This lack of compromises is perhaps the best news of Ann Ciccolella’s production, which in almost all ways lives up to the standards of its adapter and, more important, its original source material. Jeff Britting has, in word as well as intent, captured in theatrical writing the indomitable personality and unmistakable voice of one of the most truly distinctive novels from one of the 20th century’s most distinctive voices, Ayn Rand.
Though Rand has developed a (not entirely unearned) reputation as a fiery ideologue and rigid-viewed inventor of the philosophical system called Objectivism (as laid forth most famous in her magnum doorstop opus, Atlas Shrugged), Anthem reflects a simpler and more straightforward argument. Written in the late 1930s at the threshold of World War II but imagined even earlier as a response to her upbringing in the Soviet Union, it’s a paean only to the supreme worth — and by extension the supreme power — of the individual, if one that comes by way of an incredibly Randian premise.
In some unspecified future, when people are compelled by their leaders to live only for others and not for themselves, a young man named Equality 7-2521 — who possesses the heart of a scholar but the society-imposed vocation of a street sweeper — kindles an innate ability to create, think, and feel marvelous things that benefits others indirectly but may shift the universe nonetheless. His inquisitive and adventuresome inclination leads him first to an abandoned subway tunnel where he learns to pursue science and then to a young woman, Liberty 5-3000, who encourages enticing electricity of an entirely different kind.
Yes, it’s a cry — and hardly a thinly veiled one — against the evils of Communism from someone who witnessed them first hand, and it fails to completely avoid the didacticism that so typifies Rand’s fiction writing. But because her characters are somewhat more than raw symbols, Anthem is able to remain truer to them and their struggles than Rand’s other two Big Books, The Fountainhead and Atlas Shrugged. If you accept the totalitarian ruling collective against which he fights — admittedly, already a big “if” for many people — then Equality 7-2521 makes perfect sense, and Rand guides him to the properly uplifting, if still chilling, conclusion.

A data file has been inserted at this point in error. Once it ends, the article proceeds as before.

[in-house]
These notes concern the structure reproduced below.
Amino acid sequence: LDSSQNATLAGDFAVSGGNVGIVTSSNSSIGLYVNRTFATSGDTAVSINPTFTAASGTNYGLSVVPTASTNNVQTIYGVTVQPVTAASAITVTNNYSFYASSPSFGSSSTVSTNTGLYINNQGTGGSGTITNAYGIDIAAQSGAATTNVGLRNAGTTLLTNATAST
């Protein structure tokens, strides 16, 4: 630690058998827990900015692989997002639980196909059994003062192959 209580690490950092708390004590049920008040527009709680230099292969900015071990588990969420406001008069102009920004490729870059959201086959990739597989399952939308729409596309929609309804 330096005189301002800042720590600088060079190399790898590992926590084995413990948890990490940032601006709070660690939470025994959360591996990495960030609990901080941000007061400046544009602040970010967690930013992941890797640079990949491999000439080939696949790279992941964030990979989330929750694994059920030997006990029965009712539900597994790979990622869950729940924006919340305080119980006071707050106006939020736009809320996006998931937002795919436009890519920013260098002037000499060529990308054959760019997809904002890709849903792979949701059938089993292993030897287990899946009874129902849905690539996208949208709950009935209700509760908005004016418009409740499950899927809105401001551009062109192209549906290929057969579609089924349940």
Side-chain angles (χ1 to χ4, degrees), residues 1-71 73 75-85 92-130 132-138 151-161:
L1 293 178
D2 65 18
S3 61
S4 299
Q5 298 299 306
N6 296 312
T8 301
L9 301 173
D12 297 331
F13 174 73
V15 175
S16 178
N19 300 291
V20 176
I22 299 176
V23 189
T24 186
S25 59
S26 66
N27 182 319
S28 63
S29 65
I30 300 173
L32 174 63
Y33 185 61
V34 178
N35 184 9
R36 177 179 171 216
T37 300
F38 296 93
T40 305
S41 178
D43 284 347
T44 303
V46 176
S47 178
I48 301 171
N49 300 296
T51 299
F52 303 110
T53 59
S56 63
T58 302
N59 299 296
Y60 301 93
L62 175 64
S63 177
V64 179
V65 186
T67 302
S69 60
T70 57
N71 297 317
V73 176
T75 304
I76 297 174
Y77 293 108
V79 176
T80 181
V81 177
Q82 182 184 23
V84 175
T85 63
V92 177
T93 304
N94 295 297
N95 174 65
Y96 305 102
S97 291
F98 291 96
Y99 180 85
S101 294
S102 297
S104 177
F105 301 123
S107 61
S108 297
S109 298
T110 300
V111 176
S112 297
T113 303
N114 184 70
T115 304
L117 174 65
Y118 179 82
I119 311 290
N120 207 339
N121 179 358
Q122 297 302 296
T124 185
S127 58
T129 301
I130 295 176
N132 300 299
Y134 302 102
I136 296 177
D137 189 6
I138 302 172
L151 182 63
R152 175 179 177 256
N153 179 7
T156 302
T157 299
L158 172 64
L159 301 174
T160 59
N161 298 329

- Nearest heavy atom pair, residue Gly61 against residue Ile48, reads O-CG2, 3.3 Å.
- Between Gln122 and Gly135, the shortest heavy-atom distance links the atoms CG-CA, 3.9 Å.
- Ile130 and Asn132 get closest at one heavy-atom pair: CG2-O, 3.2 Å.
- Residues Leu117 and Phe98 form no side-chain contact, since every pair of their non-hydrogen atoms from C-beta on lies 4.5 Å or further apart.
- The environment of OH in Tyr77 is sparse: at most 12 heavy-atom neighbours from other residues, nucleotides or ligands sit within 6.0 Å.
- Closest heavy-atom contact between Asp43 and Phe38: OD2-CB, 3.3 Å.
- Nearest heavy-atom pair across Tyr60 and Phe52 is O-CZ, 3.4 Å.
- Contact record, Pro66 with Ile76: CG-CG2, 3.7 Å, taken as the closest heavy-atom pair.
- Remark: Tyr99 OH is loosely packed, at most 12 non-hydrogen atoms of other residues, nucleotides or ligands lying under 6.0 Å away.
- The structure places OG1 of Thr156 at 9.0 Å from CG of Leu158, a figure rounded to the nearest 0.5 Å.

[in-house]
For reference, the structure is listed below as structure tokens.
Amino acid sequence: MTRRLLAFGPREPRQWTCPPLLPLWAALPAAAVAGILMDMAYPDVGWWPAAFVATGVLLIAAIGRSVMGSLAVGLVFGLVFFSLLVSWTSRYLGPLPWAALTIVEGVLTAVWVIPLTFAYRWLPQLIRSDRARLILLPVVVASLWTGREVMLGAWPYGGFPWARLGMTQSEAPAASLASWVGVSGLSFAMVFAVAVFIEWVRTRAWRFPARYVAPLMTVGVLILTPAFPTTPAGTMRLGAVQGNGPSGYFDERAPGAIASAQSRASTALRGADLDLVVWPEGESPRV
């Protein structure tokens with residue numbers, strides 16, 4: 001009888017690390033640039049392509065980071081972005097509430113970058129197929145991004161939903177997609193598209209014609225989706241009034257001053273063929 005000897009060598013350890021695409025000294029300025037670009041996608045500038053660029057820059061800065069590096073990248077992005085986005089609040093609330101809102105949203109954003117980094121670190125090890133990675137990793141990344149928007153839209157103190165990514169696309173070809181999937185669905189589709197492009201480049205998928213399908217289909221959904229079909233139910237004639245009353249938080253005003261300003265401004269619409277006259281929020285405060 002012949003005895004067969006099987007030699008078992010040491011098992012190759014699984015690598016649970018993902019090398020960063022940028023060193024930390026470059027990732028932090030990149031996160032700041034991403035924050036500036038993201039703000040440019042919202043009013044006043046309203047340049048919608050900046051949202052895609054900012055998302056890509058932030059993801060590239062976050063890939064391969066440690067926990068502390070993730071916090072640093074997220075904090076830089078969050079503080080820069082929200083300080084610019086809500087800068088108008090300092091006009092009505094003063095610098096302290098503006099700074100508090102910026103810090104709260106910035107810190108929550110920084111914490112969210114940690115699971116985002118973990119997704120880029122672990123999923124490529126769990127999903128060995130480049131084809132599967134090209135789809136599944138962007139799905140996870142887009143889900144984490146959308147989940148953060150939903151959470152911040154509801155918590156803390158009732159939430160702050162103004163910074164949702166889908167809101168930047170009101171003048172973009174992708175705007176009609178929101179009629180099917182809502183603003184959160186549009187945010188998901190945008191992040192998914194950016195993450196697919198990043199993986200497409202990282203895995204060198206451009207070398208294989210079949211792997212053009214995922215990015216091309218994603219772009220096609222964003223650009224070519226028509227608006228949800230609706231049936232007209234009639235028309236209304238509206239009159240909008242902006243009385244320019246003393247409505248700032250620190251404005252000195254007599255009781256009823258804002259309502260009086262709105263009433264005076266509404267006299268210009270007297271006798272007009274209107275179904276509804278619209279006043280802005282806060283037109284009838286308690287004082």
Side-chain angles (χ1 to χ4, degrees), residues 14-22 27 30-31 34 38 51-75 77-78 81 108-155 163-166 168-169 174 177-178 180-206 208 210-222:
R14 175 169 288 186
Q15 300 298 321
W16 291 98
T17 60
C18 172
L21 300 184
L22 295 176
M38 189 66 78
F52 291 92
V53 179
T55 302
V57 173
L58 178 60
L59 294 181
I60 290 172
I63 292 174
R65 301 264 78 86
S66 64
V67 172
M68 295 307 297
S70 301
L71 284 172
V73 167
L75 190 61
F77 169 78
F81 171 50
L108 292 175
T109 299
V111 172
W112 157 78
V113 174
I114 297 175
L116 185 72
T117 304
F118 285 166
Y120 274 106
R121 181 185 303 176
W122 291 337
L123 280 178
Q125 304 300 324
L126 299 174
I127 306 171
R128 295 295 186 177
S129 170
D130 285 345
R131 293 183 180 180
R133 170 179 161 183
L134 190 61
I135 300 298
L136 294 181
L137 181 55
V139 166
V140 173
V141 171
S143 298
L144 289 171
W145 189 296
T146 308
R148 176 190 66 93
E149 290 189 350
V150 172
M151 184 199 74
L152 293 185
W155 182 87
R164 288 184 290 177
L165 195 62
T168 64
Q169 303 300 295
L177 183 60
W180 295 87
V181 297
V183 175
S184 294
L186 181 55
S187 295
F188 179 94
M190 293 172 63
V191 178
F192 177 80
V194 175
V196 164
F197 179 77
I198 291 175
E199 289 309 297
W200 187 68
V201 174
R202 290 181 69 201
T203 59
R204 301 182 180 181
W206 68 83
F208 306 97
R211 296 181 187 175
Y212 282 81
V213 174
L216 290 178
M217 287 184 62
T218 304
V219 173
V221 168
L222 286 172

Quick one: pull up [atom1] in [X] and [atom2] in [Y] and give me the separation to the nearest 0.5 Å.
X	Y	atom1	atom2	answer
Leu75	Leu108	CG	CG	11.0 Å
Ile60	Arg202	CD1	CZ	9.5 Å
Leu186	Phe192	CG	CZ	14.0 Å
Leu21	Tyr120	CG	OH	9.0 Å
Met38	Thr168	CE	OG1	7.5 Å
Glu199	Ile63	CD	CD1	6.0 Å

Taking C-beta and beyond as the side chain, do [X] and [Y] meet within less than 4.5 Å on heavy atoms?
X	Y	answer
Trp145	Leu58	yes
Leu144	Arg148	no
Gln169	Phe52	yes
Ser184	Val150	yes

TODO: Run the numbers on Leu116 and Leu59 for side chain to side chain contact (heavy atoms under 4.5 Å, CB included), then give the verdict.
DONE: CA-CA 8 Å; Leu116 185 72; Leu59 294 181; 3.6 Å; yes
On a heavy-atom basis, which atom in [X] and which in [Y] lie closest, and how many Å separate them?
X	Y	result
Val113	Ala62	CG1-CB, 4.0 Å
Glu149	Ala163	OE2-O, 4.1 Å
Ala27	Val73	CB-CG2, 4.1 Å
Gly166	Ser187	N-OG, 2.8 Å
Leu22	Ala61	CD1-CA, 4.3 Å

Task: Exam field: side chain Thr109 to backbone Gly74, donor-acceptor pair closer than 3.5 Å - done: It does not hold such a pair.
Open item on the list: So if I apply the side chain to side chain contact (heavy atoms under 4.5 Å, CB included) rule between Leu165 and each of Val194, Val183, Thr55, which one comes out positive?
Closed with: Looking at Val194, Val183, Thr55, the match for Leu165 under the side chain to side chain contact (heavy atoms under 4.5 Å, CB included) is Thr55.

Britting, who also composed the haunting score that properly evokes both the submission and eventual release of the soul, has made few major sacrifices and no detectable concessions in his adaptation. (As he’s the curator of the Ayn Rand Archives at the Ayn Rand Institute, this is not exactly surprising.) His dialogue — most of which was lifted straight, without so much as reattribution, from the novel — pierces Equality 7-2521’s mind and traps you in his maddening psychology as well as the blistering, oppressive logic of the world around him. If it’s tough to see out of any eyes other than Equality 7-2521’s, so adroitly has Britting rendered the solitude and anguish of one man against millions that you don’t have to.
Ciccolella’s staging is appropriately dystopian in its own right, making full use of the jagged stage-length platforms of scenic designer Kevin Judge, the (intentionally) drab and formless costumes of Theresa Squire, and the shadowy lights of Jason Amato, conjuring the notion of a world as a cave into which only pinpricks of illumination ever enter. But so tight, so claustrophobic, and so disciplined is Ciccolella’s work that you never accept it as less than genuine, and when it cracks long enough for someone to run and leap in a physical manifestation of newfound freedom, his accomplishment seems truly revelatory rather than manufactured.
The same, alas, cannot always be said about the acting. Though Sofia Lauwers is intensely committed as Liberty 5-3000, and supple of both speech and manner as the woman evolves from intellectual robot to dynamic free thinker, no one else quite matches her. Tina Johnson and Lelund Durond, who play a variety of roles ranging from robed authority figures to the aging inhabitants of the Home of the Useless, are broad, borderline vaudevillian, in their approaches and too often inject them with a comedy and lightness the roles don’t innately support.
Matthew Lieff Christian works feverishly and nearly continuously as Equality 7-2521, projecting a reluctant physicality earn on that transforms into a winning flexibility later, and he’s genuinely absorbing when focusing most intently on the man’s journey of the mind. But Christian doesn’t traverse the full range of emotions Equality 7-2521 experiences, and his tendency toward a one-dimensional, sing-songy line delivery makes his sweeping monologues and declarations of spirit less epic than they should be.
Even so, it’s a tribute to Britting and Rand that these shortcomings don’t keep everything else from packing a bracing wallop. By the time Equality 7-2521 has made his greatest discovery — himself — and devised a plan to harness it for good, you’re every bit as wrapped and invested in his quest as he is. Rand’s goal was to caution against the subjugation of self, and Britting has ensured that comes through here. But it also makes you feel part of something bigger: humanity’s drive to innovate, explore, and not be satisfied with what’s “good enough” when there’s always the promise of something more illuminating and transporting just around the next bend.